Five Years After Euthanasia, Jack Kevorkian Expects to Die in Prison

Bioethics   |   Steven Ertelt   |   Apr 12, 2004   |   9:00AM   |   WASHINGTON, DC

Five Years After Euthanasia, Jack Kevorkian Expects to Die in Prison

by Paul Nowak Staff Writer
April 12, 2004

Lapeer, MI ( — Monday marks the fifth anniversary of the sentencing of assisted suicide advocate Jack Kevorkian to 10-25 years in prison for euthanising a disabled man. In an interview, Kevorkian said he expects that he will die behind bars.

On April 12, 1999, Jack Kevorkian was sentenced to the videotaped lethal injection of Thomas Youk in 1998. Youk had been diagnosed with Lou Gerhig’s disease, and his injection with a lethal dose of potassium chloride was shown on CBS’ “60 Minutes.”

In a telephone interview with the Daily Oakland Press that was published Sunday, the retired pathologist, now 75 years old, says he expects the last days of his life will be lived in prison. However, he does not believe his life or his cause is a failure.

"There’s no doubt I expect to die in prison," said Kevorkian. "All the big powers, they’ve silenced me. … So much for free speech and choice on this fundamental human right."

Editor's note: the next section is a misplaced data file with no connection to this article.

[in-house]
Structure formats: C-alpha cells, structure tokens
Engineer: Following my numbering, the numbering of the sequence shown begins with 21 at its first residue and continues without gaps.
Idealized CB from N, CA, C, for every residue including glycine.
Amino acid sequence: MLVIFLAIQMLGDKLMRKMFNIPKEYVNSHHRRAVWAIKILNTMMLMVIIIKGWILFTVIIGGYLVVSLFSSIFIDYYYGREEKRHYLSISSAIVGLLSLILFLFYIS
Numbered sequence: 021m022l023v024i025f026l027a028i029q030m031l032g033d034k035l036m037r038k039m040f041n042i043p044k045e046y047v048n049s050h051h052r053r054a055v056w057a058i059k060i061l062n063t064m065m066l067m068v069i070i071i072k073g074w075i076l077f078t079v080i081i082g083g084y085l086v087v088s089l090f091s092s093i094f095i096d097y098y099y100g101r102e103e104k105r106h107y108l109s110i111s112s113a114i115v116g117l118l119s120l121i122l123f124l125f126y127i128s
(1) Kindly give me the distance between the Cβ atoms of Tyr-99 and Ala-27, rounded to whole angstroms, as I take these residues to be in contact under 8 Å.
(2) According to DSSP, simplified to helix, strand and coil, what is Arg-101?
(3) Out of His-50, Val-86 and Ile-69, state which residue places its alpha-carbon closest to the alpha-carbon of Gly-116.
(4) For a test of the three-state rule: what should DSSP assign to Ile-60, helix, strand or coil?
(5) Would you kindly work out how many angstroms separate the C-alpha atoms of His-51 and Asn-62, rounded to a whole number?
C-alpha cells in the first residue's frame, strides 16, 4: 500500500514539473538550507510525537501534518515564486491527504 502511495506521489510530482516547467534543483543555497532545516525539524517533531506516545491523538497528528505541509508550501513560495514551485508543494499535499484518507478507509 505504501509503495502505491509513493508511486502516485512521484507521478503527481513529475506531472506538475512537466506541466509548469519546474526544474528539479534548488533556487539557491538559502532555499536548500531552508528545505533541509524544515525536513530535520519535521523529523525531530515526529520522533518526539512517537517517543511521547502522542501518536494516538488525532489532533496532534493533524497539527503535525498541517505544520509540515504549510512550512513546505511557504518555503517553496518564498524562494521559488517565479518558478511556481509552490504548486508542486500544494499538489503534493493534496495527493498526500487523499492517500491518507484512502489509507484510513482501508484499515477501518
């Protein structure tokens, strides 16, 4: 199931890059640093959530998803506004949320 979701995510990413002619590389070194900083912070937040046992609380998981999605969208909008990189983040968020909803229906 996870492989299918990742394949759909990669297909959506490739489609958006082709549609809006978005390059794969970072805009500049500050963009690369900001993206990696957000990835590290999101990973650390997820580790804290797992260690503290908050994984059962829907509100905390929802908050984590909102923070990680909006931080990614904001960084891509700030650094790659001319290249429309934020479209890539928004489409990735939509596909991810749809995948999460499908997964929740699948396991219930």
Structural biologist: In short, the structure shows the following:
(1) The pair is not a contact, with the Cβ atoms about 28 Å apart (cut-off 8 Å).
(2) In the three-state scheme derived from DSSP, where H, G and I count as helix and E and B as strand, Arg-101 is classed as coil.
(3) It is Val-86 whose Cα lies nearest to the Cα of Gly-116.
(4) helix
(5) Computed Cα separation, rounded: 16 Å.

Kevorkian added that there has been no protest of his imprisonment because those who share his beliefs are “frightened.”

"The American people are sheep. They’re comfortable, rich, working. It’s like the Romans, they’re happy with bread and their spectator sports," he said. "The Super Bowl means more to them than any right."

Kevorkian’s attorney, Geoffrey Fieger, not only represented the assisted suicide advocate, but believes in the “right to die” as well.

“[T]he Fieger Law Firm is known for taking cases with a cause," such as "defending Jack Kevorkian and individuals’ rights to end their suffering,” states Fieger’s website.

It is for this reason that pro-life advocates were shocked by news that Fieger’s firm, Fieger, Fieger, Kennedy and Johnson, may be representing the family of Tamia Russell, the 15-year-old girl who died after having an abortion at a facility outside of Detroit.

Kevorkian admitted to assisting in at least 130 other deaths. In 1998 Michigan passed a law making assisted suicide illegal and allowing for charges in Youk’s death. In his interview, he said he will stand by an earlier promise not to assist in any more suicides if released from prison.

In their latest appeal for Kevorkian’s release, his attorneys said he is suffering from high blood pressure, hepatitis C, dental problems and a hernia.

But despite his promise and health condition, pro-life advocates are firm in their beleifs that Kevorkian’s punishment should be served to its end.

"Killing patients is never a valid prescription for solving pain and suffering," Pam Sherstad of Right to Life of Michigan said. “The denial of Jack Kevorkian’s early release notes the seriousness of his offense. Jack Kevorkian chose to take not only the law into his own hands, but also the lives of others."